In this introduction to Boolean logic, we’ll cover the operation of a transistor, the ‘flip-flop’ arrangement, logic gates, truth tables and how it all fits together into computer memory and our everyday lives too.
The operation of a transistor and the “flip-flop” arrangement of transistors being used to create computer memory
A transistor is a switch that can be in either an on state or an off state. This means a transistor can represent 1 bit of information at a time, either a 0 when it is off or a 1 when it is on. We can use an electric current to flip the transistor from one state to another. As it will always flip from on to off or off to on this pattern is known as the flip flop arrangement.
Using this flip flop arrangement, we can represent binary bits one single bit at a time. Computer chips have hundreds of millions of these transistors all using this flip-flop arrangement to transmit hundreds of millions of bits incredibly quickly. A transistor doesn’t have to keep changing state though. A transistor can be kept in its current state by feeding its output back into its input. This means that a resistor can keep representing the 1 or 0 which is how computer memory uses them.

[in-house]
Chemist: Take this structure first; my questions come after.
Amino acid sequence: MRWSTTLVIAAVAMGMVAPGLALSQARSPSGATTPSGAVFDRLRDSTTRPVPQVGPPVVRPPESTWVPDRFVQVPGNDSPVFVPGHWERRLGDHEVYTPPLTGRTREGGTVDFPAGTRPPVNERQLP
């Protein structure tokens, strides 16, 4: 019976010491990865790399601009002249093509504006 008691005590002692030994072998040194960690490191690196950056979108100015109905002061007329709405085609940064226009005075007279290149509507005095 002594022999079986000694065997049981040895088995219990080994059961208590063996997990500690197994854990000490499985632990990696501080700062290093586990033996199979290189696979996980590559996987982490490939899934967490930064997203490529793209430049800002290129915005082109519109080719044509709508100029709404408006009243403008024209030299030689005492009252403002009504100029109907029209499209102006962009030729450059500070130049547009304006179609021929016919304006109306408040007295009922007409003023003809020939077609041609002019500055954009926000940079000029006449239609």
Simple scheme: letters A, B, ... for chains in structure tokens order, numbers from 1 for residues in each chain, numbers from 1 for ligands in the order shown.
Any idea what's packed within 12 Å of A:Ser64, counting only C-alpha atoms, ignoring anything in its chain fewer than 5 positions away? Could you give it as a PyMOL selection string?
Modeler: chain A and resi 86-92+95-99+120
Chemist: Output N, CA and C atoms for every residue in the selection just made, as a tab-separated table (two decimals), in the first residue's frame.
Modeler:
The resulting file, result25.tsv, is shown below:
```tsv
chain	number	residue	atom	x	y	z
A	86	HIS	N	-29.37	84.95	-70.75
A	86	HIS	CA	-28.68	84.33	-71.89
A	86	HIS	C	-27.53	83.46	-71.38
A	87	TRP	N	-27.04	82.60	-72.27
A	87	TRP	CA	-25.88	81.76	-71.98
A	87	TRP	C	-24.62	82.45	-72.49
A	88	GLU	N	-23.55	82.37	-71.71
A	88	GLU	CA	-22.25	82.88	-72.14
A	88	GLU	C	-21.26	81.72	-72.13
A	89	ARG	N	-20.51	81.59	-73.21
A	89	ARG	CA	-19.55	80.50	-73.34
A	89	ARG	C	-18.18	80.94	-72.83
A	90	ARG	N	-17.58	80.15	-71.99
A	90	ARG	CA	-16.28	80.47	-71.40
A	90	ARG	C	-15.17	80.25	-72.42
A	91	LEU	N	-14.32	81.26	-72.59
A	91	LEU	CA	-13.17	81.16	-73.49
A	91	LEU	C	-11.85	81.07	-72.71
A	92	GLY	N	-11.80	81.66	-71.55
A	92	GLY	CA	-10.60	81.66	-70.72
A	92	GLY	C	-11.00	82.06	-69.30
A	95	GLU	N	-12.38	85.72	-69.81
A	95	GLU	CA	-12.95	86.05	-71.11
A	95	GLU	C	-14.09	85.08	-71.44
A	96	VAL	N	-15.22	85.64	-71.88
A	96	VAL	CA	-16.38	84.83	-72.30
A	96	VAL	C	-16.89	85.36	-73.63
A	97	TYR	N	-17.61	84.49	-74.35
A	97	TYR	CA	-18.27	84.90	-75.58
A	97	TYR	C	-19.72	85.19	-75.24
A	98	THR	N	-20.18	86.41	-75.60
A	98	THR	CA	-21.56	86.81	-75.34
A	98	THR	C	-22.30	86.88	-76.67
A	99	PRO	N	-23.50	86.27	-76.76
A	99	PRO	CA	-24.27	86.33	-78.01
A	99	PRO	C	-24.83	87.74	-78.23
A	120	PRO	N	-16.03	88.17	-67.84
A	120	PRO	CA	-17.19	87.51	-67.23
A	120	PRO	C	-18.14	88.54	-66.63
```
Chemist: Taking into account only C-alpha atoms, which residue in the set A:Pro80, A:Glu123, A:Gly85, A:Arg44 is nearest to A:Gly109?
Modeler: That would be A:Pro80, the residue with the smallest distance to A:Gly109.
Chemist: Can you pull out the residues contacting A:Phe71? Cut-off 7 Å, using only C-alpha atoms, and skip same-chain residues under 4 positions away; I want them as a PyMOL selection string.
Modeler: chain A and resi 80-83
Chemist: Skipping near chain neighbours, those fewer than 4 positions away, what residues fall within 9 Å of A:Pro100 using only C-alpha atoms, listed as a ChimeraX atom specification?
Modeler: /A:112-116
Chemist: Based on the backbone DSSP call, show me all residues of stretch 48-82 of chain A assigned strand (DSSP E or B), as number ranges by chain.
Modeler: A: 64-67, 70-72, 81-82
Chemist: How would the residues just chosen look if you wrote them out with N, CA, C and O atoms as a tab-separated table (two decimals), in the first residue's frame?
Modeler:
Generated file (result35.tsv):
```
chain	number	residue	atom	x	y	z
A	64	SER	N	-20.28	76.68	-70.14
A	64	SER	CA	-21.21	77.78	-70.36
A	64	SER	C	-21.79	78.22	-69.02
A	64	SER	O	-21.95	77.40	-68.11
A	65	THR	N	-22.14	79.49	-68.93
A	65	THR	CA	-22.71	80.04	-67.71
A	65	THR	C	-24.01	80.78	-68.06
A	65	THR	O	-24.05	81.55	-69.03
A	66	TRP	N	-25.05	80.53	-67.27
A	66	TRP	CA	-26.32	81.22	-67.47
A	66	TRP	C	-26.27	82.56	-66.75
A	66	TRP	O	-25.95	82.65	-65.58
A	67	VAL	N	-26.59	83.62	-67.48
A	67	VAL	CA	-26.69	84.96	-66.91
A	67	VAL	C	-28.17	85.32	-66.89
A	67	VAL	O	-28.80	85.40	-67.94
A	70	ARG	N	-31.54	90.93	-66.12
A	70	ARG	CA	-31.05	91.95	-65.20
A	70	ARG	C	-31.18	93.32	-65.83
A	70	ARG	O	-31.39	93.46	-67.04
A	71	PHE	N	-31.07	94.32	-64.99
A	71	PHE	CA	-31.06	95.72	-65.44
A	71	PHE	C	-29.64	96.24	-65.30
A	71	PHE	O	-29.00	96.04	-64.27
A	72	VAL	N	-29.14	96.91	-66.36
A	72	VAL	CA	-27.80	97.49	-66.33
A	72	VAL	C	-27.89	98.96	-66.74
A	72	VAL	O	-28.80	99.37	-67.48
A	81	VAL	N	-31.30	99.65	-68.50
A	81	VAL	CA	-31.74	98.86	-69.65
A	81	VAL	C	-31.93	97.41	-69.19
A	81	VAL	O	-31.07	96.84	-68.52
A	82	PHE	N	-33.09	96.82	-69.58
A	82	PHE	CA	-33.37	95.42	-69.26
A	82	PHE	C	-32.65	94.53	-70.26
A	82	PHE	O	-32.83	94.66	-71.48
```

Logic gates and Truth tables briefly explained
The term ‘boolean logic’ refers to the binary representation of transistors and logic gates inside a CPU. A logic gate is a fundamental piece of a digital circuit. It will take one or more inputs and produce a specific output that will correspond with the specific combination of inputs and the type of logic gate it is. There are 7 logic gate types but three are more common than the others. The three most common types of logic gates are:
A truth table is a simple table that can be used to work out the output signals for specific combinations of input signals, which will naturally differ depending on the logic gate those inputs are being applied to.
An example of a simple truth table for a NOT gate can be seen below:
A not gate is a very simple logic gate, it takes an input and outputs the exact opposite signal as can be seen in the table above.